In one sense, she was the quintessential American novelist and thinker. She advocated self-reliance, rugged individualism, limited government, American optimism and benevolence and the can-do-attitude that is the unprecedented hallmark of American exceptionality. On the other hand — and this is part of why she is resented by many so-called progressives and conservatives alike — her philosophical sensibilities are truly outside the mainstream of Anglo-American analytic philosophy. At heart, she represented an aristocracy of the soul and of the mind, a perceived elitism by some; however, if that catchphrase has any conceptual resonance — it was an elitism to which all were invited provided they were willing to do the consistent thinking that will always be required of anyone who wishes to live as a human being.

* * *

As an academic philosopher of almost two decades and the author of books in philosophy that have little to do with Rand’s philosophy, what surprises me most about Rand’s system is how startlingly original it is against the backdrop of  Western philosophy. This intellectual insurgent was deeply insightful and perceptive. Contemporary academics mired largely within their own cults of irrelevancy are resentful and tormented by her popularity. When my student asked me why I truly admired Ayn Rand I said that that her paean hymn to the glory and sacredness of the human spirit along with the emphasis she placed on the absolutism of reason  and the celebration of the best within the individual was paramount. These were both aesthetic and philosophical pleasures worth contemplating as ends in themselves. She also offered, I told him, a systematic way of living a rational life in an irrational world. When you are the beneficiary of a philosophical legacy there can be no single metric by which you judge its efficacy save two: Its correspondence to an objective reality; and the sense in which it provides emotional and philosophical fuel for continuing to live in a world that often seems to be imploding and collapsing on itself.

As I walked back to my office that afternoon after answering my student’s earnest question about Ayn Rand, I remembered the closing of John Galt’s speech in "Atlas Shrugged" and I remembered the distinctly exhilarating sense of a wonderful discovery during the first time I had discovered her ideas. The speech, “The Sanction of the Victim,” was the last one she gave in New Orleans in November 1981, four months before she died.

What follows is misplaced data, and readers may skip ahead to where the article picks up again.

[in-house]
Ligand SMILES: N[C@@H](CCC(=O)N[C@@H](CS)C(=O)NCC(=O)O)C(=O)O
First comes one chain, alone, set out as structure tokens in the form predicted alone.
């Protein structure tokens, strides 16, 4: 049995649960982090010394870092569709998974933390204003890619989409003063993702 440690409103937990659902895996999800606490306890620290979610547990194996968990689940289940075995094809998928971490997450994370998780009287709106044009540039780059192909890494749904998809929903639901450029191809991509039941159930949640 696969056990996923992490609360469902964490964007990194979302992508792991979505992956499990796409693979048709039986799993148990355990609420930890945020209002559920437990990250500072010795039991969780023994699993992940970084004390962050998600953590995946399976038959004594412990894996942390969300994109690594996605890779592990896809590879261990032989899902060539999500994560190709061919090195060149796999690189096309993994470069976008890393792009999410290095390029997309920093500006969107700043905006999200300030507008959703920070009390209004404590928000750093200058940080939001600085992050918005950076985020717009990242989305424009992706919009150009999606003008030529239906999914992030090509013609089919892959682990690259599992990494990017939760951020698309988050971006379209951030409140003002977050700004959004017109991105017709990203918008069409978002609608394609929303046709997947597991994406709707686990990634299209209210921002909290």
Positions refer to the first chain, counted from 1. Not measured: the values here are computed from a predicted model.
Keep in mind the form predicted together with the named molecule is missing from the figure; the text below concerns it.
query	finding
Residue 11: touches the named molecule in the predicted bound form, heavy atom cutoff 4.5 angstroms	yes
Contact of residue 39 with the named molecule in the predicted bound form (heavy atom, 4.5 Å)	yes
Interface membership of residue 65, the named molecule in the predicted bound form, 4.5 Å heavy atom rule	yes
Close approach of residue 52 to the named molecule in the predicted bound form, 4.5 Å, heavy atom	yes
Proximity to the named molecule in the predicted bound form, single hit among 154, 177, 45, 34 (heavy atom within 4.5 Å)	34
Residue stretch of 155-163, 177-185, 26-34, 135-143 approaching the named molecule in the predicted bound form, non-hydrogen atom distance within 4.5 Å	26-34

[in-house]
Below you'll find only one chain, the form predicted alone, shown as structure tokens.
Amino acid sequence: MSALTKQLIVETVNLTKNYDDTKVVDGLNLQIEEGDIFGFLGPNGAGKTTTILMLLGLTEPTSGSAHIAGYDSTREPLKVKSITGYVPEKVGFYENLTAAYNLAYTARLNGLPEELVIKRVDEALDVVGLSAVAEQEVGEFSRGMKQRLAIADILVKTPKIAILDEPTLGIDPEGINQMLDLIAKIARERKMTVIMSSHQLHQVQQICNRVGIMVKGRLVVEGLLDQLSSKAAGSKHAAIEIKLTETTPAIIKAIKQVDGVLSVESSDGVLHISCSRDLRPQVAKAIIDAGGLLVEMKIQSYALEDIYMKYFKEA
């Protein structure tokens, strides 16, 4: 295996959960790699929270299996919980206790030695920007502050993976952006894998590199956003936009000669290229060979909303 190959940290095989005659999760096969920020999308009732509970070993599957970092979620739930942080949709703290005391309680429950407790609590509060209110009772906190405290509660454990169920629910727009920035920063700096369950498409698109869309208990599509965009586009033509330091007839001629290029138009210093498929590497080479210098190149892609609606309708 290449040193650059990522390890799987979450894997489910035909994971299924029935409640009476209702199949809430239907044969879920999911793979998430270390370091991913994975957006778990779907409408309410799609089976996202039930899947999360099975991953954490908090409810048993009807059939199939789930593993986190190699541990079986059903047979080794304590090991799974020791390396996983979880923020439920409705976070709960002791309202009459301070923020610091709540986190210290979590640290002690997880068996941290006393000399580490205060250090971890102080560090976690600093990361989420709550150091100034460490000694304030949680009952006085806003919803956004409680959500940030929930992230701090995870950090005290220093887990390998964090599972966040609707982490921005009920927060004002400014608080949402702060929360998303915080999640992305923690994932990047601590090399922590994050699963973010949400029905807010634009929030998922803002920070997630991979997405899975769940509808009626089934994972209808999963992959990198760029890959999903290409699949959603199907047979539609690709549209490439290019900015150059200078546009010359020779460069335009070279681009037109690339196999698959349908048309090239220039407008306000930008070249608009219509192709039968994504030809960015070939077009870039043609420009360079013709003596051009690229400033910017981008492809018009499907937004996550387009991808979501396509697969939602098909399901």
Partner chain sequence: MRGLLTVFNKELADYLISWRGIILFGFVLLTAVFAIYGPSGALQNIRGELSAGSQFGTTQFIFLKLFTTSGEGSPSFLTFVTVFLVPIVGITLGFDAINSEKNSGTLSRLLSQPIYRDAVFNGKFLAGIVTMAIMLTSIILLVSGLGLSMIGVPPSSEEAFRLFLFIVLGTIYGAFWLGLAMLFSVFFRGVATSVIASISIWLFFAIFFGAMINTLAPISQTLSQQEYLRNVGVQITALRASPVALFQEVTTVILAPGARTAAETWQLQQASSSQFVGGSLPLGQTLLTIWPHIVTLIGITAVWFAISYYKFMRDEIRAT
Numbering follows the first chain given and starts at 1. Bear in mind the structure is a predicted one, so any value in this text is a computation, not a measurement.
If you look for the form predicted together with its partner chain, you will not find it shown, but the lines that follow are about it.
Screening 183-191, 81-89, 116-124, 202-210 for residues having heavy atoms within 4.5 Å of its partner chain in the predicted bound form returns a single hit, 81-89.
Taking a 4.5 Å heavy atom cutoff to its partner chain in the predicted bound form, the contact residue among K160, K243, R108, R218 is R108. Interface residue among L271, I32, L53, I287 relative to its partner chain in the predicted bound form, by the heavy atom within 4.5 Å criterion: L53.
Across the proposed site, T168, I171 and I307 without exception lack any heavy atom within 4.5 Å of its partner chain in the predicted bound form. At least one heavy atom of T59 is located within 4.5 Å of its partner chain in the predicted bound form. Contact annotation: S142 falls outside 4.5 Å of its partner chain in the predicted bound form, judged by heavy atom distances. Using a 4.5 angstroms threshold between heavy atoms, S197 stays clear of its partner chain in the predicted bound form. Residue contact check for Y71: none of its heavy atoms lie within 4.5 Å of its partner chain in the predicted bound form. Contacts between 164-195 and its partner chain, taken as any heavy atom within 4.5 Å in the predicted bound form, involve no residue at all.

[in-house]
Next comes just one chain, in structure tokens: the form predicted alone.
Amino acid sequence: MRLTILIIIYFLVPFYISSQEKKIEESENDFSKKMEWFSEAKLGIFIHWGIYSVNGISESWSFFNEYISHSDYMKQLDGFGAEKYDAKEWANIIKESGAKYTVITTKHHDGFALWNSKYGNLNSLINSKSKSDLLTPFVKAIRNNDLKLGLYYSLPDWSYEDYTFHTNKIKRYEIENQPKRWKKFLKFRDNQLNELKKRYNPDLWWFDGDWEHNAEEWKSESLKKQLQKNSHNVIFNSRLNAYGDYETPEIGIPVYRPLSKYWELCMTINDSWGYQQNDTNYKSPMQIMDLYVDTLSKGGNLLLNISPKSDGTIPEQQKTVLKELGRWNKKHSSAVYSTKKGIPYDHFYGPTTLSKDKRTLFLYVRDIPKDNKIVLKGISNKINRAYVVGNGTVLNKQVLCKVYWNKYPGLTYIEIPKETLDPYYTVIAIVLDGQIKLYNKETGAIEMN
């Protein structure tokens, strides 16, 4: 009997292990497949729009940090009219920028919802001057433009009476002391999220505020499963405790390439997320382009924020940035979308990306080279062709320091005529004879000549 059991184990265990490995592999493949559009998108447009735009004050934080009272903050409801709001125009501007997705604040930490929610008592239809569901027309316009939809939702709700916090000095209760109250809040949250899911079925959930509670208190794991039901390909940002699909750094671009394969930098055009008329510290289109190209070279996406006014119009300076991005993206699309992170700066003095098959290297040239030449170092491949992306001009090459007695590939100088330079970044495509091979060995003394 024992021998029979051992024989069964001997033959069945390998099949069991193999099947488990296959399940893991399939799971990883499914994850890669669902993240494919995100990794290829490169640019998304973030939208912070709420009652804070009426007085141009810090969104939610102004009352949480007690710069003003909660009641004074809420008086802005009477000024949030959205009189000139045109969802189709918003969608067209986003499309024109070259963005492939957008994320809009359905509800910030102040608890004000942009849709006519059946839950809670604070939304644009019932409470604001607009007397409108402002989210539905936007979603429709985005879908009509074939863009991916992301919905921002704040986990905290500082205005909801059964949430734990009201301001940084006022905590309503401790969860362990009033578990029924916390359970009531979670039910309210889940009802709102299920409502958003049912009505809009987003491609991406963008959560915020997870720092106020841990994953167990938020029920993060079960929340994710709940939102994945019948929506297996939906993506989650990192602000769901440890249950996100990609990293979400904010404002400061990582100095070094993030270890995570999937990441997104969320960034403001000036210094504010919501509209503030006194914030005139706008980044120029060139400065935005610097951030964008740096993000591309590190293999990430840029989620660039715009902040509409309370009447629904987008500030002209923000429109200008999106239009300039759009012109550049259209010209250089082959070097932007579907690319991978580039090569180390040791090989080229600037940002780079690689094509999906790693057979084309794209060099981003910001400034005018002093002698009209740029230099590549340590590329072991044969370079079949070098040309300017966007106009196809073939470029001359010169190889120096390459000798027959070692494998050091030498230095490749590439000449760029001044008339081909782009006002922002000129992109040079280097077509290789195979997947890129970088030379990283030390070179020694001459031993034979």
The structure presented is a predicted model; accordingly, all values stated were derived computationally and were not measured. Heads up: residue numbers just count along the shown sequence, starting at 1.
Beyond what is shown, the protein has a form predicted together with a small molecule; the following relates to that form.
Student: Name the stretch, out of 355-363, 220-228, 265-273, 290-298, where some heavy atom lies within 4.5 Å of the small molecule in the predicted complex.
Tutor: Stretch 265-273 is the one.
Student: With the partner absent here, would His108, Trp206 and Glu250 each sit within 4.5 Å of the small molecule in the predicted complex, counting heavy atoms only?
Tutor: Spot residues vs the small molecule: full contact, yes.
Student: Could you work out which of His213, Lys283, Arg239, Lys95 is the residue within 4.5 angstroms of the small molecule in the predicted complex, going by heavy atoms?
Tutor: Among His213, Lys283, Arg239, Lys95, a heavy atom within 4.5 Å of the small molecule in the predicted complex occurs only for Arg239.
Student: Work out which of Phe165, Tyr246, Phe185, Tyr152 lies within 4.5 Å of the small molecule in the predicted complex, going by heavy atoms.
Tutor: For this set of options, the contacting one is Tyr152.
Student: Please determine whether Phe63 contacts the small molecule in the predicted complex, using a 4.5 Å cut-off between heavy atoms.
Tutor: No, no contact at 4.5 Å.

Yes, the world you desired can be won, she had said, quoting Galt.

“But to win it requires your total dedication and a total break with the world of your past, with the doctrine that man is a sacrificial animal who exists for the pleasure of others. Fight for the virtue of your pride. Fight for the essence of that which is man: for his sovereign rational mind. Fight with the radiant certainty and the absolute rectitude of knowing that yours is the Morality of Life and that yours is the battle for any achievement, any value, any grandeur, any goodness, any joy that has ever existed on this earth.”

I thought of all the days of immense hardships in the early years of my life: the heartbreaking four-year separation from both my parents from the age of 3 to 7; watching my father descend into psychotic madness; and the seemingly endless persecution I experienced as a result of being gay in Jamaica.

I reflected on the struggle in America -- the rejections and disappointments and even the moment when I had planned to take my life in despair and had tried to do so. But I had remembered the gallant call to celebrate the best within me and had risen from slumber and back to life. And each morning as I face the day with my head held up, aligned equally with the rest of my body, my hands moving in tandem with my stride — I feel the call of Life which is a command to rise.

I smile.

And I watch as the universe slides from my side.

By Jason Hill

Jason D. Hill is professor of philosophy at De Paul University in Chicago and is the author of "Becoming a Cosmopolitan: What it Means to be a Human Being in the New Millennium."